keywords = "Captive breeding, Hawaiian birds, Myadestes palmeri, Nest success, Puaiohi, Reintroduction",
author = "Tweed, {Erik J.} and Foster, {Jeffrey T} and Woodworth, {Bethany L.} and Monahan, {William B.} and Kellerman, {Jherime L.} and Alan Lieberman",
year = "2006",
month = "7",
doi = "10.1642/0004-8038(2006)123[753:BBASOA]2.0.CO;2",
language = "English (US)",
volume = "123",
pages = "753--763",
journal = "Auk",
issn = "0004-8038",
publisher = "Ornithological Societies of North America",
number = "3",

}

TY - JOUR

T1 - Breeding biology and success of a reintroduced population of the critically endangered Puaiohi (Myadestes palmeri)

AU - Tweed, Erik J.

AU - Foster, Jeffrey T

AU - Woodworth, Bethany L.

AU - Monahan, William B.

AU - Kellerman, Jherime L.

AU - Lieberman, Alan

PY - 2006/7

Y1 - 2006/7

N2 - The ultimate success of reintroduction programs for endangered species depends on the ability of reintroduced animals to breed in the wild. We studied the nesting success and breeding biology of a reintroduced population of Puaiohi (Myadestes palmeri) on the island of Kaua'i, Hawaii. Thirty-four captive-bred Puaiohi were released into the Alaka'i Swamp in 1999-2001 and monitored using radiotelemetry. Ten females and two males paired with wild and other released birds, including one polygynous trio. From March to September, 31 nests were built. Mean clutch size was 2.0 eggs, daily nest survival was 0.97 ± 0.01 (mean ± SE) and overall nest success was 0.40 ± 0.02. We confirmed predation, most probably by rats (Rattus spp.), as the greatest cause of nest failure, occurring at 38% of active nests with known fates, and causing the death of two nesting adult females. Ground-based rodent control proved ineffective at protecting nest attempts. Successful nests fledged an average of 1.4 young each (n = 10), and 85% of fledglings survived at least two weeks. Importantly, breeding behavior and success were comparable to those of wild Puaiohi. This is the first record of breeding in the wild from captive-bred endangered Hawaiian passerines. The ability of captive-bred Puaiohi to survive and breed successfully in the wild bodes well for future releases of this and other endangered passerines, but high predation rates on nests and nesting females highlights the importance of maintaining and restoring safe habitat for recovery.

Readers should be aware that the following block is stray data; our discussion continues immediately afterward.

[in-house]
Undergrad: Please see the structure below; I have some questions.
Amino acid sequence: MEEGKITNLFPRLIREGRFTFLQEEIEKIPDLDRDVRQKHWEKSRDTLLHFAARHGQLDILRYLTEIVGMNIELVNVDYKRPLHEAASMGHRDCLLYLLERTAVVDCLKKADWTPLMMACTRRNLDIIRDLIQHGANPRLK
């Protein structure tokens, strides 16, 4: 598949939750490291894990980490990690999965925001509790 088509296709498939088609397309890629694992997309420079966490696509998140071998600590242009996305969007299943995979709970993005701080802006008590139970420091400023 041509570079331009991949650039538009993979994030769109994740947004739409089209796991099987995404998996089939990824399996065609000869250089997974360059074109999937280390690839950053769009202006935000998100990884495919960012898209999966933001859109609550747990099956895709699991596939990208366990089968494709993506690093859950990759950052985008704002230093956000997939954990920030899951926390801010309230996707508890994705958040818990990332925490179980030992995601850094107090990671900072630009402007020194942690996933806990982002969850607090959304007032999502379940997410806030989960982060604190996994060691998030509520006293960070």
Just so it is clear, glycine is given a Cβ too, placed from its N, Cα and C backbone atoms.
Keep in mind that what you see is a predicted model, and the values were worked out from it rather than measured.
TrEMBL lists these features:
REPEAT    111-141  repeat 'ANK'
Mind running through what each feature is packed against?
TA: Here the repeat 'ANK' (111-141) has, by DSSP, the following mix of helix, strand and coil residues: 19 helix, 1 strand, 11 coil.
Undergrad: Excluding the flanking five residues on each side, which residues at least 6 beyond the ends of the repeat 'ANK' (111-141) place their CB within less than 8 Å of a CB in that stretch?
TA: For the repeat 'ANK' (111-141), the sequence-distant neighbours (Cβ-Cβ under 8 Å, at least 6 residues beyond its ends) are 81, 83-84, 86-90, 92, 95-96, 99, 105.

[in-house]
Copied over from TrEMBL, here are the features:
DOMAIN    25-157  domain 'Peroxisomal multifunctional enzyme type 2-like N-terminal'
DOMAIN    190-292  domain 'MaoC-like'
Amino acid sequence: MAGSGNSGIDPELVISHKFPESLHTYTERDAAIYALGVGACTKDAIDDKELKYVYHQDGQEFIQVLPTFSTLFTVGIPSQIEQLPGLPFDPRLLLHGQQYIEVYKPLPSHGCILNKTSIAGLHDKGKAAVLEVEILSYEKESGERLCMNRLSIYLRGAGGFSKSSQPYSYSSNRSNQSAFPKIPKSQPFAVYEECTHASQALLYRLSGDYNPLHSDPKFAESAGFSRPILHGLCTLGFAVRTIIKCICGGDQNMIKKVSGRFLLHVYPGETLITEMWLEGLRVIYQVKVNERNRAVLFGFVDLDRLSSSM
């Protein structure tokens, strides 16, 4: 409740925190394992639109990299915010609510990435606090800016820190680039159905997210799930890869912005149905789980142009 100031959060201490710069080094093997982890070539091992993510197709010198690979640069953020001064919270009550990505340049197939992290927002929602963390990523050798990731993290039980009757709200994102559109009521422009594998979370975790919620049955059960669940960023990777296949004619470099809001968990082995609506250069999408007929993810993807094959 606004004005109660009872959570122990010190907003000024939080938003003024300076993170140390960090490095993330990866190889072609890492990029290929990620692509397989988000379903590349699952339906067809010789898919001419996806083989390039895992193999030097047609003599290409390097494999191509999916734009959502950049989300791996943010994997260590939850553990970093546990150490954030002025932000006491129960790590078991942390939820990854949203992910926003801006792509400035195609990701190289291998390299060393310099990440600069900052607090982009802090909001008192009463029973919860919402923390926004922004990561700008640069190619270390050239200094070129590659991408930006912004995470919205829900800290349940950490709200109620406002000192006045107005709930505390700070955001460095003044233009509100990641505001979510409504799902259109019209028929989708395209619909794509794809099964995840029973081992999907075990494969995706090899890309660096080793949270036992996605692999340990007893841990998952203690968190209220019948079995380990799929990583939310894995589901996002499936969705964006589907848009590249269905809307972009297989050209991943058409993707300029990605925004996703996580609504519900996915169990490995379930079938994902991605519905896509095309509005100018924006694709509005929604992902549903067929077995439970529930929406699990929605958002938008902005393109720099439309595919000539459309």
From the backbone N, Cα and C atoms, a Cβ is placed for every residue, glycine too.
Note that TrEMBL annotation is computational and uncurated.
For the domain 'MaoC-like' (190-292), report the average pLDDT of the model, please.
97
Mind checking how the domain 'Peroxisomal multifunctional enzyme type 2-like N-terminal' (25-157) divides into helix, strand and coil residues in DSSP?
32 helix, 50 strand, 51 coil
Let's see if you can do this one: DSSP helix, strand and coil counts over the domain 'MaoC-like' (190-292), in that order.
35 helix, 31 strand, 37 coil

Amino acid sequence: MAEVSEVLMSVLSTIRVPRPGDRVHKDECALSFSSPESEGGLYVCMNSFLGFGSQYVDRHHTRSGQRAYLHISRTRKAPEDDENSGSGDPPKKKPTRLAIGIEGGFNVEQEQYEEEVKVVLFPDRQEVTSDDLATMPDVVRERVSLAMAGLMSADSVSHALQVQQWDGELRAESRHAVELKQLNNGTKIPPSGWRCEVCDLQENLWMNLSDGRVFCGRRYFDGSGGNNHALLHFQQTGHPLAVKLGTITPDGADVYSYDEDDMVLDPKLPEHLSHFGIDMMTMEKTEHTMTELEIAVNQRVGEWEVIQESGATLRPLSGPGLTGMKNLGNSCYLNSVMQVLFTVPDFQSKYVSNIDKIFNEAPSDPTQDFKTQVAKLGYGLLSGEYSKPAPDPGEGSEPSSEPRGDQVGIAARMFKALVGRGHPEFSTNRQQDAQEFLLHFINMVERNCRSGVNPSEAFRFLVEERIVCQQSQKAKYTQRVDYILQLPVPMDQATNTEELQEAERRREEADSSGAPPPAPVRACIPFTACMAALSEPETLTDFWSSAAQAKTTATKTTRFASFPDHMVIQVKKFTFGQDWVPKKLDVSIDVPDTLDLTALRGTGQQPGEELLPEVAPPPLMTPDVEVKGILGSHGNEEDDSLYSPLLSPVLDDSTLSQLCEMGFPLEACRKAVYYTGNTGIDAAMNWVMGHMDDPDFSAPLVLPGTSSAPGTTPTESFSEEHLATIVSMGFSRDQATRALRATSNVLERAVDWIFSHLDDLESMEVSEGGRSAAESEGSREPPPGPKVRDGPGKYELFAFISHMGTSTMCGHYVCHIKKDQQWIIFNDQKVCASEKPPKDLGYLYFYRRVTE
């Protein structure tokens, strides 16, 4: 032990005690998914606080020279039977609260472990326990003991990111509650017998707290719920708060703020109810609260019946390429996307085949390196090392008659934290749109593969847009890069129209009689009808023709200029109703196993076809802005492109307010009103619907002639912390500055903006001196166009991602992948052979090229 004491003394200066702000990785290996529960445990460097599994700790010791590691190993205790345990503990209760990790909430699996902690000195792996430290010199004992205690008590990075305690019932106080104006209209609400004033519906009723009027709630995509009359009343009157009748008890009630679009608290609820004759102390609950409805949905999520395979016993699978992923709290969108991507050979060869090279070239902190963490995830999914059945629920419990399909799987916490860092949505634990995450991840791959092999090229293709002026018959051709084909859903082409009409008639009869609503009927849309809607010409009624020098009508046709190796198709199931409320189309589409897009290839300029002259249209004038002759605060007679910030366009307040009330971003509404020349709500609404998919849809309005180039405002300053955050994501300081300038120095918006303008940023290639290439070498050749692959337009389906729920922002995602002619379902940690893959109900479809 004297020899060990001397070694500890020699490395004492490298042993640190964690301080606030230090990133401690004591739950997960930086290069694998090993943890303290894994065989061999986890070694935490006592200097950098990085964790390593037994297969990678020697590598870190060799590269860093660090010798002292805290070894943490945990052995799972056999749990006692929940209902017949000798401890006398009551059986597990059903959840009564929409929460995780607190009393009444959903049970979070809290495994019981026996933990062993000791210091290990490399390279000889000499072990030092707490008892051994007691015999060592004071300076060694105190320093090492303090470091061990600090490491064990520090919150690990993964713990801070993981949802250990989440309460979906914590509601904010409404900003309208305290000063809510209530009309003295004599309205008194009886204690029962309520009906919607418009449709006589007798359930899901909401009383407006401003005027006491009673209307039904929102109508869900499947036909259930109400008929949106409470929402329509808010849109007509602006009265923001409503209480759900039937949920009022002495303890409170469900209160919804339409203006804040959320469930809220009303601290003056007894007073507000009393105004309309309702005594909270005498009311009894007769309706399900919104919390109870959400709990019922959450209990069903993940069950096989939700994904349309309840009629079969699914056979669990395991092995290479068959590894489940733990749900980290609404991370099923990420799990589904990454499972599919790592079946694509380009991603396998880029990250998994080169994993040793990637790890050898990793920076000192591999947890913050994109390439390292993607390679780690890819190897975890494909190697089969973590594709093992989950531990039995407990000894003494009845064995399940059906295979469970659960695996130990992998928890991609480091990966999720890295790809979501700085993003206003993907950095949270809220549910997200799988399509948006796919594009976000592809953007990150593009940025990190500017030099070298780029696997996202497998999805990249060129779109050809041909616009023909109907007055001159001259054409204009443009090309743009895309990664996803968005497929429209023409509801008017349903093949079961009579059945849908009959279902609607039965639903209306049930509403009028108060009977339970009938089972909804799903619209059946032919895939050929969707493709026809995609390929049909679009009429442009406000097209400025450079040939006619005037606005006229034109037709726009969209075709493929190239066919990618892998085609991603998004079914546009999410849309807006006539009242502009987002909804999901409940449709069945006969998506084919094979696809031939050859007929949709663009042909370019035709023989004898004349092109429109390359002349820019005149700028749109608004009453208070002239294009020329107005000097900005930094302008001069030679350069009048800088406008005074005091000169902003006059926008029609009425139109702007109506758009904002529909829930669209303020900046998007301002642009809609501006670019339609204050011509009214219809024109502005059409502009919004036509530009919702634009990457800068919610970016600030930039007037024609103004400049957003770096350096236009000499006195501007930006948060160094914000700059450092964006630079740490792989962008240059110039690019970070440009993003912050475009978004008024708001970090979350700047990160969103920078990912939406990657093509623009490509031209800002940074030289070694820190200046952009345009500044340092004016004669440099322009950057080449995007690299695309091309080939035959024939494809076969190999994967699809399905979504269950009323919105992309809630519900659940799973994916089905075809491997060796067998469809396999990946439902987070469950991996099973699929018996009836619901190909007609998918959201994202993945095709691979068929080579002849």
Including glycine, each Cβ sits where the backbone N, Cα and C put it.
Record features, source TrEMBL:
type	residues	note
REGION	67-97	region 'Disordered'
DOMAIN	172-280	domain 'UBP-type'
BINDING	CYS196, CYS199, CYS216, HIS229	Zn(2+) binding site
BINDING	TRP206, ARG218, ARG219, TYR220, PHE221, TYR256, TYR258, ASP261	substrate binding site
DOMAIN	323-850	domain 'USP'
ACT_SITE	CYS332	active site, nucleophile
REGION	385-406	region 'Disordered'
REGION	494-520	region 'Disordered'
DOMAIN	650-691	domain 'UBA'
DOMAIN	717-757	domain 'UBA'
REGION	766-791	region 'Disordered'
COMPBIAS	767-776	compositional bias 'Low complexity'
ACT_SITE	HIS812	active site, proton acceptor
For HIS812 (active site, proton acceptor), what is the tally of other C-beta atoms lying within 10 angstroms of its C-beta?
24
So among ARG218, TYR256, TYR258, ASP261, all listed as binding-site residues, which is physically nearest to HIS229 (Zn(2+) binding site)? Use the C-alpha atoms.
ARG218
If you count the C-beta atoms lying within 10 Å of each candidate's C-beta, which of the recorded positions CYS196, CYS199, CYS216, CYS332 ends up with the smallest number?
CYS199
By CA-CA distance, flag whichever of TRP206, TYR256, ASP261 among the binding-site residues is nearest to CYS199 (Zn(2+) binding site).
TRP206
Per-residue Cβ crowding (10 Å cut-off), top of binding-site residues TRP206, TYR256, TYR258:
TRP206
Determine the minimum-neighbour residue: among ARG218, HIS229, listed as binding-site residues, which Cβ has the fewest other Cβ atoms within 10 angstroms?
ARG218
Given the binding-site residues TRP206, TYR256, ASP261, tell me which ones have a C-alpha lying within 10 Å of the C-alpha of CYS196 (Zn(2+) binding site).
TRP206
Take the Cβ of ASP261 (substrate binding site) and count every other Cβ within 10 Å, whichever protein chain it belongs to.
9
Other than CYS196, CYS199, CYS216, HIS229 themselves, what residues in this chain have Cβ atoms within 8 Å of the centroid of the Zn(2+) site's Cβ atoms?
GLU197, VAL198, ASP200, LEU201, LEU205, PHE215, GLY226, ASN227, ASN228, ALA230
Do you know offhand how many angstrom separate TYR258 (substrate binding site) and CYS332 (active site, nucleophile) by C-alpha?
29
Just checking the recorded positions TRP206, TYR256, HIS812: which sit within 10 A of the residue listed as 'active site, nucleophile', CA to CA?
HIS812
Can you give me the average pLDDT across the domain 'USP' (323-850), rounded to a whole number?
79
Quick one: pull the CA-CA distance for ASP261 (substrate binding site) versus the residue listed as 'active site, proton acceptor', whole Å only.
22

AB - The ultimate success of reintroduction programs for endangered species depends on the ability of reintroduced animals to breed in the wild. We studied the nesting success and breeding biology of a reintroduced population of Puaiohi (Myadestes palmeri) on the island of Kaua'i, Hawaii. Thirty-four captive-bred Puaiohi were released into the Alaka'i Swamp in 1999-2001 and monitored using radiotelemetry. Ten females and two males paired with wild and other released birds, including one polygynous trio. From March to September, 31 nests were built. Mean clutch size was 2.0 eggs, daily nest survival was 0.97 ± 0.01 (mean ± SE) and overall nest success was 0.40 ± 0.02. We confirmed predation, most probably by rats (Rattus spp.), as the greatest cause of nest failure, occurring at 38% of active nests with known fates, and causing the death of two nesting adult females. Ground-based rodent control proved ineffective at protecting nest attempts. Successful nests fledged an average of 1.4 young each (n = 10), and 85% of fledglings survived at least two weeks. Importantly, breeding behavior and success were comparable to those of wild Puaiohi. This is the first record of breeding in the wild from captive-bred endangered Hawaiian passerines. The ability of captive-bred Puaiohi to survive and breed successfully in the wild bodes well for future releases of this and other endangered passerines, but high predation rates on nests and nesting females highlights the importance of maintaining and restoring safe habitat for recovery.

KW - Captive breeding

KW - Hawaiian birds

KW - Myadestes palmeri

KW - Nest success

KW - Puaiohi

KW - Reintroduction

UR - http://www.scopus.com/inward/record.url?scp=33746293001&partnerID=8YFLogxK

UR - http://www.scopus.com/inward/citedby.url?scp=33746293001&partnerID=8YFLogxK

U2 - 10.1642/0004-8038(2006)123[753:BBASOA]2.0.CO;2

DO - 10.1642/0004-8038(2006)123[753:BBASOA]2.0.CO;2

M3 - Article

AN - SCOPUS:33746293001

VL - 123

SP - 753

EP - 763

JO - Auk

JF - Auk

SN - 0004-8038

IS - 3

ER -